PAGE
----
For hardening go here: http://www.koboldquarterly.com/k/front-page6917.php

For hamon go here: http://www.koboldquarterly.com/k/front-page7203.php

You nailed it on “tougher”. In steel talk tougher means softer. It won’t hold an edge as well and will bend easier, but it is less likely to break. For example steel that is heat treated to be a spring can be bent many times and go back to it’s original shape, but it’s not as hard as a knife that’s heat treated harder to hold an edge longer, but will break if bent as far as the spring.

Micah

January 11, 2012 at 10:02pm

Use of the word ‘eutectoid’ makes me happy as a materials scientist. Don’t usually expect to come across it in Kobold though :)

Darkjoy

January 12, 2012 at 2:36am

Getting back to basics: aren’t the steels you mention 1084, 52100 etc. the ones you buy off a shelf? If you wanted to, could you create your own steels from scratch -> using iron ore and carbon (charcoal?)? With the result being equivalent to one the numbered steels?

Todd the Bladesmith

January 12, 2012 at 4:33am

@Micah – I never thought that we’d be talking about eutectoid here, either, but it’s become clear to me that the kobolds are are hungry for knowledge – without any limits. That makes me happy. :)

@Darkjoy – Yes, all those steels can be bought off the shelf (although not at your local big box store). Absolutely you can smelt your own steels! I don’t run smelts myself, but I’ve been to a couple. If I have an opportunity to go to one again I plan to write it up here. Depending on how the smelt is set up you can end up with anything from wrought iron (almost no carbon) through the equivalent of the entire 10 series and up to cast iron (2% carbon). Different parts of the “bloom” that’s produced can have different carbon contents – or it can be somewhat more homogenous.

Darkjoy

January 12, 2012 at 9:13am

So basically there is a recipe for every steel, which is probably painstakenly learned from previous failures and successes?

The riddle of steel – it continues….

Todd the Bladesmith

January 12, 2012 at 10:11am

@Darkjoy – Exactly. At a backyard smelt you’re more or less limited to carbon content, but industry is capable of adding alloying elements to make a product harder, tougher, wear resistent, stainless, shock resistent, the ability to remain hard at high heat, etc, etc.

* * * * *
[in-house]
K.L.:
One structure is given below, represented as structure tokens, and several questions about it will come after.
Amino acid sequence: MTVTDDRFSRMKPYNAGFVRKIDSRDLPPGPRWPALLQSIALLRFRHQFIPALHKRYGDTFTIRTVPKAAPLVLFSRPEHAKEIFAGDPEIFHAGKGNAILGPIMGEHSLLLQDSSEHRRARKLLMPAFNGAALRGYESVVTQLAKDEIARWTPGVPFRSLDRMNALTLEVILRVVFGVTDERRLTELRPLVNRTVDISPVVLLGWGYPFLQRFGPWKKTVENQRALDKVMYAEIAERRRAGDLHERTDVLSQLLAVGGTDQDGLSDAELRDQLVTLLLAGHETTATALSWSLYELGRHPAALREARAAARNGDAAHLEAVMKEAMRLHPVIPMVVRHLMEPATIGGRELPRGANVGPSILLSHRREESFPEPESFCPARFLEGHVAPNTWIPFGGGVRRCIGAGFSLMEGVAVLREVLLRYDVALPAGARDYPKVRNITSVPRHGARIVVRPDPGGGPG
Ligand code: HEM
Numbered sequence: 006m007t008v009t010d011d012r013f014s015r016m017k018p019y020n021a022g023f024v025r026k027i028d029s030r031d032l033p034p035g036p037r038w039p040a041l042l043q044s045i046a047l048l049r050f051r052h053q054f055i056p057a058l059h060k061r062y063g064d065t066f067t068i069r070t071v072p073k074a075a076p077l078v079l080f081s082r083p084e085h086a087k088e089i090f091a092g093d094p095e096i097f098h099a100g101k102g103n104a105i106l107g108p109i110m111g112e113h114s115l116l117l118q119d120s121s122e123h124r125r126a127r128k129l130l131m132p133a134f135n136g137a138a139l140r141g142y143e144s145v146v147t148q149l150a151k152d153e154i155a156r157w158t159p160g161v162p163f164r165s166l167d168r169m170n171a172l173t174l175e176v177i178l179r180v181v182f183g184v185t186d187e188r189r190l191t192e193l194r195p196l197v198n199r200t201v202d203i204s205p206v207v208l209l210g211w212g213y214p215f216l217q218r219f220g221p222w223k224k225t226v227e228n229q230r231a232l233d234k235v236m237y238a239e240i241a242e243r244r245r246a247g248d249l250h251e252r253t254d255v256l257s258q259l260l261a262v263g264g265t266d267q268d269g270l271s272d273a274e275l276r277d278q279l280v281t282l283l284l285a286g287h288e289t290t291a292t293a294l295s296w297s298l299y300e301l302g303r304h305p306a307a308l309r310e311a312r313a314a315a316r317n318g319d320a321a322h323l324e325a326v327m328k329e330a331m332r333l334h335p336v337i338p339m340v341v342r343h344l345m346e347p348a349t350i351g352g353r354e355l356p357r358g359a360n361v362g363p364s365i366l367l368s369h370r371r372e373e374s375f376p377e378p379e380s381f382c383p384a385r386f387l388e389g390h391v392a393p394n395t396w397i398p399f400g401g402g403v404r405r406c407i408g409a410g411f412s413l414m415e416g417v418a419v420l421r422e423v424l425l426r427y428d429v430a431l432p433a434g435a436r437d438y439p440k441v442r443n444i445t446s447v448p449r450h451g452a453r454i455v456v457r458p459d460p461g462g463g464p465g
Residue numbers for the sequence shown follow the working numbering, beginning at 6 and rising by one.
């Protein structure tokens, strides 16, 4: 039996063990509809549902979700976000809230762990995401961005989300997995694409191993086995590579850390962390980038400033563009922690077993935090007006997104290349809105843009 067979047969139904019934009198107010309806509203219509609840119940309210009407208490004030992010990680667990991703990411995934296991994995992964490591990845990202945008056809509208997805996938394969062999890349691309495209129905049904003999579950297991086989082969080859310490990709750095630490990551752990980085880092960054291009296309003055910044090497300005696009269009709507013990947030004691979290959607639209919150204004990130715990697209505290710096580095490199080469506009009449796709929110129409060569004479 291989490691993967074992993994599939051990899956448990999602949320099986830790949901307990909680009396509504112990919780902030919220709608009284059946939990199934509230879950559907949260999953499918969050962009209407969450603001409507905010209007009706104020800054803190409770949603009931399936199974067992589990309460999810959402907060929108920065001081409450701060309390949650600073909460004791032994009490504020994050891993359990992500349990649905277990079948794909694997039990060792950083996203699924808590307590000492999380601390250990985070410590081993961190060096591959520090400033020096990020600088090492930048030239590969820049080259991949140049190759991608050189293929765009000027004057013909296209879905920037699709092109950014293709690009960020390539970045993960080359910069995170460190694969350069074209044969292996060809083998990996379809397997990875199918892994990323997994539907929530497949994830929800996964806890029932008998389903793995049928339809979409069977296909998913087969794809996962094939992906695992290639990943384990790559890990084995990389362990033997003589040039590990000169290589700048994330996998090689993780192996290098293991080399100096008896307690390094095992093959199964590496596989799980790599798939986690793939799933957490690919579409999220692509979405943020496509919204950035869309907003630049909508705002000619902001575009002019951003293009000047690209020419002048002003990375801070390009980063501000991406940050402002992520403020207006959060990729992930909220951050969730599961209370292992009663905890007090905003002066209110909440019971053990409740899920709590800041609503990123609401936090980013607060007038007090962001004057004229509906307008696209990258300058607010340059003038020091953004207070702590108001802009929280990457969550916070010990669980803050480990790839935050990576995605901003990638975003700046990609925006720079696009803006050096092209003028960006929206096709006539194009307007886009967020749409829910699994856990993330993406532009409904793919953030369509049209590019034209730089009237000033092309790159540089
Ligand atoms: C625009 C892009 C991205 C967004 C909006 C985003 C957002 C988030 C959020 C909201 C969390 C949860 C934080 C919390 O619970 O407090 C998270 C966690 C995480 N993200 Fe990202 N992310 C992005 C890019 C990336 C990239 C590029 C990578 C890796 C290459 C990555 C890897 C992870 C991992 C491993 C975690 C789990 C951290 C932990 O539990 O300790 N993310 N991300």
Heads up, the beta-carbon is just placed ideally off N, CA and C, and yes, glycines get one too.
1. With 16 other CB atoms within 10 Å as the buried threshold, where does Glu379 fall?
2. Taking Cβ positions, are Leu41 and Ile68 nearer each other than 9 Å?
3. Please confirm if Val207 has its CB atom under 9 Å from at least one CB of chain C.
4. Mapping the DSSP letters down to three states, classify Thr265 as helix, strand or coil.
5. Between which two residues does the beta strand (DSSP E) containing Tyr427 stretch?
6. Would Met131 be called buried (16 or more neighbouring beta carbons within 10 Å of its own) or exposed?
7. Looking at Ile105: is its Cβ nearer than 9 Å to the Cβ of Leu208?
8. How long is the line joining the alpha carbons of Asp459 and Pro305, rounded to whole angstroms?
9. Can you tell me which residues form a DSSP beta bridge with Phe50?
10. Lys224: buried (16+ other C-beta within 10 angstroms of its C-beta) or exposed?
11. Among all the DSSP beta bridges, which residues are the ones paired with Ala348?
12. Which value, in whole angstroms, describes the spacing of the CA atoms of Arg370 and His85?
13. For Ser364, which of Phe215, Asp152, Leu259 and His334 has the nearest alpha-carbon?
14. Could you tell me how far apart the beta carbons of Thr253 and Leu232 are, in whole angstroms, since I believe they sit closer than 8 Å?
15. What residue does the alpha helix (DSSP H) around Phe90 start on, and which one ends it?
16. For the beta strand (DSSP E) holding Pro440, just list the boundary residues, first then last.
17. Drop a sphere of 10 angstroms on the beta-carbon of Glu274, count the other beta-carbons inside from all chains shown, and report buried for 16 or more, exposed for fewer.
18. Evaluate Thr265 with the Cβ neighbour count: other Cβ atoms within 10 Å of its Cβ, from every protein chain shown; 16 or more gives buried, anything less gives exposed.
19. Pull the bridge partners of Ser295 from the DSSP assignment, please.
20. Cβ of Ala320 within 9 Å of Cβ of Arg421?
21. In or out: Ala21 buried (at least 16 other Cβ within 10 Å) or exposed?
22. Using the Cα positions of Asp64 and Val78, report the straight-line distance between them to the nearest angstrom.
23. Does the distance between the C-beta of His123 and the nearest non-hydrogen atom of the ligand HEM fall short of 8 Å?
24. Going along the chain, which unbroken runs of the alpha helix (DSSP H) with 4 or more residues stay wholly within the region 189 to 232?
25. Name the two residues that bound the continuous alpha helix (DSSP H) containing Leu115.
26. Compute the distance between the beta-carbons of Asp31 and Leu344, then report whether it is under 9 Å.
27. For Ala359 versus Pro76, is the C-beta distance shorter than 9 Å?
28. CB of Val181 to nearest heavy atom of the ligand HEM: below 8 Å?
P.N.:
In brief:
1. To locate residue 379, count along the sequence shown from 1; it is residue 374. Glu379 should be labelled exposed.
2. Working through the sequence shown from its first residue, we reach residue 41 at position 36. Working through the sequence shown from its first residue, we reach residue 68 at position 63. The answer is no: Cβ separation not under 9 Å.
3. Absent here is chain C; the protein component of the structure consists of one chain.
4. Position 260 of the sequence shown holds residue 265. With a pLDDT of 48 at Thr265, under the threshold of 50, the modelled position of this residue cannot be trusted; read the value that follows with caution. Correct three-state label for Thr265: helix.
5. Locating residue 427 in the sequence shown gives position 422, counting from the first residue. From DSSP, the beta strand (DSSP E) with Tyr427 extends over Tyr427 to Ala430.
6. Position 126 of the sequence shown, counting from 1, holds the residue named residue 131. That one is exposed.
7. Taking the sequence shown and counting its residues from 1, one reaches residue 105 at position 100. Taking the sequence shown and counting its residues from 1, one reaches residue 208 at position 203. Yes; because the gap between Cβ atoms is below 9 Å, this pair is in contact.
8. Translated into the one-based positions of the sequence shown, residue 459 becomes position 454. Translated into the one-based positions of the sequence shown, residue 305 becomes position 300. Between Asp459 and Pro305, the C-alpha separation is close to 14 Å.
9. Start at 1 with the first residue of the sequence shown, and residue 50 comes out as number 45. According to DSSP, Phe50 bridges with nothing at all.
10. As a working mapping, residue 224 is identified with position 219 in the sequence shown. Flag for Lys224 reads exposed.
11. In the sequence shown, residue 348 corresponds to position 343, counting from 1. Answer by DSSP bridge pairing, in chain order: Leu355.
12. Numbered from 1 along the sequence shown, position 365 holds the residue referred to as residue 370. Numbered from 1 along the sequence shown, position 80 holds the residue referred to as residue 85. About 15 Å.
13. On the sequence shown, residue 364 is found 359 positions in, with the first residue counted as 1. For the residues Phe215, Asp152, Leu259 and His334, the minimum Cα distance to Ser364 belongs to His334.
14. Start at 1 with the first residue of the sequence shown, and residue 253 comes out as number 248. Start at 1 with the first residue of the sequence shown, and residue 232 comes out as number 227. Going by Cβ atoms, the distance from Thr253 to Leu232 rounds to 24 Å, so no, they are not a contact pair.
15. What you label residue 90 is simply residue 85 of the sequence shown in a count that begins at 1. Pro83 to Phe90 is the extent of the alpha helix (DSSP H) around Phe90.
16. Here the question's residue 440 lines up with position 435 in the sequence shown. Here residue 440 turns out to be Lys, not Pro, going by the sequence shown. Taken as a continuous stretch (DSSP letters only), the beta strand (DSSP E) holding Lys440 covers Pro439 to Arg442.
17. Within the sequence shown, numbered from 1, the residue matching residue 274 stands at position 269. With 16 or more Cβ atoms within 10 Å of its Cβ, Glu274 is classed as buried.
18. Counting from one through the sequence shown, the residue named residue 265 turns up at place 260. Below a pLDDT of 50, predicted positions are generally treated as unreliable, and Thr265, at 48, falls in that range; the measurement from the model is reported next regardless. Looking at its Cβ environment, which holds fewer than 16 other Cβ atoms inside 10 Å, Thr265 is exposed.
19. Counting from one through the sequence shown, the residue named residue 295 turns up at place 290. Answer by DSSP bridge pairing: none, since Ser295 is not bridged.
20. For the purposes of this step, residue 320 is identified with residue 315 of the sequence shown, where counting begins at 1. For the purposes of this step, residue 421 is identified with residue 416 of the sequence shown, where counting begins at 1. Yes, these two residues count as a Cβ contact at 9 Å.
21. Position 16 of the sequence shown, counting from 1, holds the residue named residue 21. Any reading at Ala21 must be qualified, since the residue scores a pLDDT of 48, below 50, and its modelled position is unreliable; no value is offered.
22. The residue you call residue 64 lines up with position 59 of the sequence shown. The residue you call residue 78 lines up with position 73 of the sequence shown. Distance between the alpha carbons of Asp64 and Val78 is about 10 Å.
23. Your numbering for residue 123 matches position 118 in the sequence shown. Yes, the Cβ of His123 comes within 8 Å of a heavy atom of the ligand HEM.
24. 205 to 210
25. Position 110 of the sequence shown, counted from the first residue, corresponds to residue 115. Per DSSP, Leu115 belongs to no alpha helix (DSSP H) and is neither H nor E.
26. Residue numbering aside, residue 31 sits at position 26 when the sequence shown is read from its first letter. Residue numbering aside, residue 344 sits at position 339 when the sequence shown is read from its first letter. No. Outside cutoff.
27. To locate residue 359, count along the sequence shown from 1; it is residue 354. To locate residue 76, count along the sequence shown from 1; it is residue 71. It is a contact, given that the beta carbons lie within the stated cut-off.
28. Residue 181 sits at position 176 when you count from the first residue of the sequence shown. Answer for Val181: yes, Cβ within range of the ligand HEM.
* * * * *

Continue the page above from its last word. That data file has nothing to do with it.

Kobold Quarterly

January 12, 2012 at 2:45pm

Why can’t you add a little chromium or the like at a backyard smelt? What makes it easier to add carbon than to alloy steel with … anything else?

Darkjoy

January 12, 2012 at 3:02pm

@KQ – everybody likes Carbon, chromium is not a party favorite. Or, in science speak: chemically carbon is a better fit / reacting agent with most other elements than chromium.

The periodic table and the ubiquitous nature of carbon probably has something to do with it. That is what I remember of high school grade chemistry.

Todd the Bladesmith

January 12, 2012 at 3:25pm

@Kobold Quarterly – Many alloying elements require very specific temperatures, atmospheres (or vacuum), amounts, and timing to be properly alloyed into the recipe. This isn’t practical (or even possible) at a backyard smelt.

Also, some elements release incredibly toxic gases at smelting temperatures. Chromium is one of them. Zinc, although used as a coating, not an alloying element, has killed quite a number of smiths who put galvanized steel in the forge.

Specifically on chromium (because you mentioned it) in amounts starting at about 12% is used to make stainless. Most of us (smiths) don’t use stainless very often.

@Darkjoy – Yes, carbon and iron like each other. Not so with iron and some other elements.

Darkjoy

January 13, 2012 at 4:06am

Todd, you’ve just given me a great idea for a toxic haunt :-)

Todd the Bladesmith

January 13, 2012 at 4:25am

:)

Happy to help! Looking forward to reading about it!

:)

Todd the Bladesmith

January 14, 2012 at 7:15am

@Pia Sweezer – Really? Spamming KQ? How about I show up at your site with a hammer and some tongs and get $#*%* medieval on your dumb a#s?

James Thomas

January 14, 2012 at 9:48am

See what you’ve done Todd? You’ve gone and activated Darkjoy’s diabolical trait. He’s descended into the dim shadows of his unregulated workshop. He won’t emerge now until he’s constructed another twisted trap. I hope you’re proud of yourself!

Kobold Quarterly

January 14, 2012 at 9:02pm

Spam removed! But yeah, annoying.

Todd the Bladesmith

January 15, 2012 at 3:26pm

@James Thomas – Very proud. Can’t wait to see what emerges… :)

Darkjoy

January 16, 2012 at 2:44am

Done already, unregulated workshops don’t abide by the clock!

PC complaints will be handled by Todd and his medieval tongs and (I suspect) blowtorches.

Todd the Bladesmith

January 16, 2012 at 5:05am

@Darkjoy – Awesomeness! When will Miranda let it crawl into the daylight?

Sorry about my little outburst, spam is starting to get on my last nerve. It’s especially irritating here.

:)